Curation, judging and objectivity

_7R2_DSC0662 copy

Let’s start with three critical thoughts for any photographer: 1. You cannot show what you have not shot. 2. What gets seen is only what you choose to show. 3. What you choose reflects you as much as what you shoot. The more I think about it, the more I think what differentiates a really great photographer from a mediocre one – at least the perception of greatness – are their curation choices. I’ve written about curation in the past but not said that much about the criteria I use to determine in or out – that’s the purpose of today’s post.

[Read more…]

The test of time

_8A12416 copy
1957, from the Havana series

A little while ago, I wrote an article on images for posterity and what we would want to be remembered for vs what we might actually be remembered for. I’ve been wondering about why certain images are remembered and tend to stick in the minds of the viewers, or better yet, in common culture. I’ve had a hypothesis or two on that since, and wanted to share those thoughts. Though it isn’t the objective or necessity of every person taking pictures to make a different image for every single shot, I’m sure we all want to make something memorable. And some of us have to because well, that’s our job – and we wouldn’t have it any other way.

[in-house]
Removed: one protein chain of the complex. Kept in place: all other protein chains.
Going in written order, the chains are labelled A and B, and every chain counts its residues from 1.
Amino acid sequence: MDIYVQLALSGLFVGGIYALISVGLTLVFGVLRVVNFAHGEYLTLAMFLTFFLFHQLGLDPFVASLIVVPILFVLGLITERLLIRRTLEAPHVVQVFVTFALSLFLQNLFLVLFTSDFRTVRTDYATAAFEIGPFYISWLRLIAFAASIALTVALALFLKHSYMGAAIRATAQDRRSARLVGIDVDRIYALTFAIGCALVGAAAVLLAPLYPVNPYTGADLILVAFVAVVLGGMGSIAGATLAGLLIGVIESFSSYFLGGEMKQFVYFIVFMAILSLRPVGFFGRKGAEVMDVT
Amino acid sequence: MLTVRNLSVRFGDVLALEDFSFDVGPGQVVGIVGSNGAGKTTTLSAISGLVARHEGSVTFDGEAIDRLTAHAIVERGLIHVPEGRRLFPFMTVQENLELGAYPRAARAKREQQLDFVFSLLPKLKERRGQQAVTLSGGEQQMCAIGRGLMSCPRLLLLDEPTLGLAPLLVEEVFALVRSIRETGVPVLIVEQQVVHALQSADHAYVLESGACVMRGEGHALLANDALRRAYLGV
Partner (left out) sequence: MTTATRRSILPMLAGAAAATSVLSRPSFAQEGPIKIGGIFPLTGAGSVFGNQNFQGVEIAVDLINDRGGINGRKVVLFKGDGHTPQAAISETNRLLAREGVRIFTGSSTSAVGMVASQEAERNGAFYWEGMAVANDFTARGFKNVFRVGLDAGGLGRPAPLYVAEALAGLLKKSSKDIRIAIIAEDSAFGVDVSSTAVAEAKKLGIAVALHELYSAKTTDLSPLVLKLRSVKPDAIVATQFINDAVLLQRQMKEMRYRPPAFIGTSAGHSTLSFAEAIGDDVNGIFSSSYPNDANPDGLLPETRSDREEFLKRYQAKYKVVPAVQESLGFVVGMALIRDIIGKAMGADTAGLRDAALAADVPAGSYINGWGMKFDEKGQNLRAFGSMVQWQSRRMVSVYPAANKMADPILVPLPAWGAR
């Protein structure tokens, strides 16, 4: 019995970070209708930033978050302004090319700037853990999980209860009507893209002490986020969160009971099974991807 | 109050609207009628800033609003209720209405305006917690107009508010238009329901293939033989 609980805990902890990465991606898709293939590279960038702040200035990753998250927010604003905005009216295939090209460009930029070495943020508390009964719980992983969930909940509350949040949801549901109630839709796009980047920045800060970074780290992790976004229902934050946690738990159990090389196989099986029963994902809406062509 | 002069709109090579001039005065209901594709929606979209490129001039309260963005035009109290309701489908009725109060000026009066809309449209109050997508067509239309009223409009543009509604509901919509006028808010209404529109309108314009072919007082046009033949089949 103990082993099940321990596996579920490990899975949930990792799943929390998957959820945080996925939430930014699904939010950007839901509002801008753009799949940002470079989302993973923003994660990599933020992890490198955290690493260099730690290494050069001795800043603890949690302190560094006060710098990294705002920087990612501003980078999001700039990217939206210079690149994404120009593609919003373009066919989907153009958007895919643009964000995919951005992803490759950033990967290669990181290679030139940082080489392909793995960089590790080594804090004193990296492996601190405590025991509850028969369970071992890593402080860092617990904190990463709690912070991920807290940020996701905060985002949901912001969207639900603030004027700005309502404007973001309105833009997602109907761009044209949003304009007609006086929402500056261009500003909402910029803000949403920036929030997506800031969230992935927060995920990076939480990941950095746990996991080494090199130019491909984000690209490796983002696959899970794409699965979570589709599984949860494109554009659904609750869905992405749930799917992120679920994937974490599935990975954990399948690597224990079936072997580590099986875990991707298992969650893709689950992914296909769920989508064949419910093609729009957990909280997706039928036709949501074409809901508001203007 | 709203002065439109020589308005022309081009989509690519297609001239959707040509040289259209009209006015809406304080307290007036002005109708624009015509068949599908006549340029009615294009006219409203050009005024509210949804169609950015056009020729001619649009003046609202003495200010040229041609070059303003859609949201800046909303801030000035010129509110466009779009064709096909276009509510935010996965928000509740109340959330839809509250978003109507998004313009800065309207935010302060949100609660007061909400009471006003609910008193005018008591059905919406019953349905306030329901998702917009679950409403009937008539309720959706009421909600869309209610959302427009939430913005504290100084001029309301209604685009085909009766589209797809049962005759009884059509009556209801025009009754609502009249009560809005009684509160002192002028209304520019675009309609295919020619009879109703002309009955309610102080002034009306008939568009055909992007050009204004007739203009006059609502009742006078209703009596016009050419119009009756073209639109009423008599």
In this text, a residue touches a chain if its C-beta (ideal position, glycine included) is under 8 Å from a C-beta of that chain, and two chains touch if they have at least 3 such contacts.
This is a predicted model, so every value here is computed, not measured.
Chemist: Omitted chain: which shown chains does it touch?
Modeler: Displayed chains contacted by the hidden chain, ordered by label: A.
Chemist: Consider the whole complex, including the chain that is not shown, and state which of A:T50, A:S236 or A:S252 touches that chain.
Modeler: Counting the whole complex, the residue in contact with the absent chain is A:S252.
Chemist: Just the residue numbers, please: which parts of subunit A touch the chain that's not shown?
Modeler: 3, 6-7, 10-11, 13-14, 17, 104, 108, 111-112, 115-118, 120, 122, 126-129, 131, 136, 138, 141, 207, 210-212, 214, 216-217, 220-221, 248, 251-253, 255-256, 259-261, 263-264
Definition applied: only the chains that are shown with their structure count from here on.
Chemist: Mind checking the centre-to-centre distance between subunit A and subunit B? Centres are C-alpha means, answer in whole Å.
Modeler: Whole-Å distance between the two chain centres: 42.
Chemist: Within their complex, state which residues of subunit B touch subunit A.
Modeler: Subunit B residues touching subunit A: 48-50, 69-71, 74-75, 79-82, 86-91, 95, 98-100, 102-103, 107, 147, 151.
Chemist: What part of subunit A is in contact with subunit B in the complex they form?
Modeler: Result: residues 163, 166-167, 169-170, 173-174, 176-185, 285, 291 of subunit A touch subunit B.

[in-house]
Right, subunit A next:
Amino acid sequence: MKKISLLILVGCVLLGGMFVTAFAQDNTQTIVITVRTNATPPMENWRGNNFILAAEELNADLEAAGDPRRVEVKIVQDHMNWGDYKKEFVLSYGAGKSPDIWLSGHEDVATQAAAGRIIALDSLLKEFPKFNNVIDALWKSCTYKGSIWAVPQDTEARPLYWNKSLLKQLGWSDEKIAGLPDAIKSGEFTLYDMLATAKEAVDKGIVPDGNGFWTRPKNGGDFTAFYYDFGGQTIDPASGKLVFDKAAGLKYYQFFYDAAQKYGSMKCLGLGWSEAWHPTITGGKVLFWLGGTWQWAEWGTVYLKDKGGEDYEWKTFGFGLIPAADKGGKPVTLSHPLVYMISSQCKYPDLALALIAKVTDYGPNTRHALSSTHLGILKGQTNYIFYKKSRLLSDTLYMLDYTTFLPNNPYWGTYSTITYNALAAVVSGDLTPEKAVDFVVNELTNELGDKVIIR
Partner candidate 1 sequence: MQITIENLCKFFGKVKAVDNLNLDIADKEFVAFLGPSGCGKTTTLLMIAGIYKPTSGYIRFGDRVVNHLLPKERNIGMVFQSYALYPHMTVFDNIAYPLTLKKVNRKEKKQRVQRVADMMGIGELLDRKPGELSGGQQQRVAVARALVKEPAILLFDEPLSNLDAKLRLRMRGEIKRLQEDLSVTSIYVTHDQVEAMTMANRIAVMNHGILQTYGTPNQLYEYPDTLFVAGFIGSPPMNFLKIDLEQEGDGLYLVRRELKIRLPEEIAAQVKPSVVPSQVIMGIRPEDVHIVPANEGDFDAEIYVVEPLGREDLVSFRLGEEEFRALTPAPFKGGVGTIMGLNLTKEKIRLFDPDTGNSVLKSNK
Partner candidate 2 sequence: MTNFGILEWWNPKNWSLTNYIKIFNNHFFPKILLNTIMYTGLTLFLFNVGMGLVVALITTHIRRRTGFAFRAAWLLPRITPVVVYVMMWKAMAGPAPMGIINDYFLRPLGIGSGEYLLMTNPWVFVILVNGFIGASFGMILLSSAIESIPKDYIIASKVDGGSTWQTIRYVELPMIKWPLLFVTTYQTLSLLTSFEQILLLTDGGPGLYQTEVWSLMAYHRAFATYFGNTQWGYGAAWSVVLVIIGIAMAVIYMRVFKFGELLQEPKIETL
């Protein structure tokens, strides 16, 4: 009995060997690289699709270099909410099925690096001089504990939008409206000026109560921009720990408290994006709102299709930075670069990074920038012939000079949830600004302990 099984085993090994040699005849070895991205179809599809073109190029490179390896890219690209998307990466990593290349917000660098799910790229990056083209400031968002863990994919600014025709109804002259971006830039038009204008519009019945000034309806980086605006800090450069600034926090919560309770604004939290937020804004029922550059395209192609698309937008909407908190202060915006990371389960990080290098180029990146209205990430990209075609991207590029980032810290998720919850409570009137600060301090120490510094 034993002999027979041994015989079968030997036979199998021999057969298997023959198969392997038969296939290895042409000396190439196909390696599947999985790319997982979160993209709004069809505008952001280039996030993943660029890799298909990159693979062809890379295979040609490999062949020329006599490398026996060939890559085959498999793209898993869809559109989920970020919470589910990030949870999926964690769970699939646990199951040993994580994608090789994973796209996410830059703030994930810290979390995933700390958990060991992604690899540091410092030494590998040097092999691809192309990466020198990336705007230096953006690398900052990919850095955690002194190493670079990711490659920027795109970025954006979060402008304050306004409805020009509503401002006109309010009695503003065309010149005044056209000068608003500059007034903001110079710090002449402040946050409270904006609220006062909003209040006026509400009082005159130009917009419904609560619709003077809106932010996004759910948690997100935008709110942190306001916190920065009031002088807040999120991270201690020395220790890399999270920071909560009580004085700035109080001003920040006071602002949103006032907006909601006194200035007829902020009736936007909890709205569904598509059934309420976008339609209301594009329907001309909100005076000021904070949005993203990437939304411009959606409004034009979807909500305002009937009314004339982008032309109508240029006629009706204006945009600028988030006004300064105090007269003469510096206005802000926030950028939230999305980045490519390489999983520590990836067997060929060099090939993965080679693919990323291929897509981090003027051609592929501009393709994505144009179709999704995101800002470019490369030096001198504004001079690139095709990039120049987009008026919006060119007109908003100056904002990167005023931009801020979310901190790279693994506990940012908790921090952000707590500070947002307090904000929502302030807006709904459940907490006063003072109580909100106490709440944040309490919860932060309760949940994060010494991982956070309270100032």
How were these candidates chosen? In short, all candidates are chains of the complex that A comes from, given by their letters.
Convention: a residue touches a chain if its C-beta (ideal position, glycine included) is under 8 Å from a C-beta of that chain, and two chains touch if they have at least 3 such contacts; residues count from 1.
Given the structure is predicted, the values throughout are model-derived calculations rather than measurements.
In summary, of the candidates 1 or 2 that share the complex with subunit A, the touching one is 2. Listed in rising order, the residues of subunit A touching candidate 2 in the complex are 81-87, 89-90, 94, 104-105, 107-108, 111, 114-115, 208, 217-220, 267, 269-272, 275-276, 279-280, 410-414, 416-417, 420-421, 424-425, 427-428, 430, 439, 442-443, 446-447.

[Read more…]

The idea of a ‘5’

_8B18533-8 copy
Drawing down on ghosts. Vysehrad fort, Prague

Most of the regular readers here will be familiar with the concept of ‘the four things’ – this is to say that there are a few elements that are independent of content that every image must have in order for it to leave some sort of impression on its audience. The framework is both a useful checklist and teaching tool to get a photographer to a certain level of proficiency; however, it can be restrictive in the sense that it is still somewhat formulaic. And that’s half the challenge here: if you can fulfil a list of objectives to make an outstanding image, then what is the function of the photographer? Surely these things could be programmed into an algorithm and left to its own devices to make the next hundred great photographs of the century? Wrong. There’s still one last element which will never foreseeably be automated or predicted or planned.

[Read more…]

Curate curate curate (and, coincidentally, post #1,000)

_64Z5193 copy
Tribute to an American painter

I’ve never really talked much about what is probably the most important process in photography other than conceptualisation and capture/execution of the image itself. Even though it isn’t directly part of the photographic process, curation has probably the greatest impact out of all of the possible things you can do to control the way your work is perceived. Coincidentally, we’ve been running for a little over three years now, and this is also post number 1,000excluding the reposts. At an average length of 1,500 words per post (and many well into 4,000-5,000 range, plus the mammoth Camerapedia), that means there’s around ~2,200,000 words of primary content on the site, not including the comments. Not bad considering an average paperback is in the 100,000 word range. I suppose it’s therefore also somewhat fitting (and perhaps a touch ironic) that I celebrate being prolific by discussing the opposite. It seems it’s simpler to do it than talk about it, but equally important to do so in order to understand why…

[Read more…]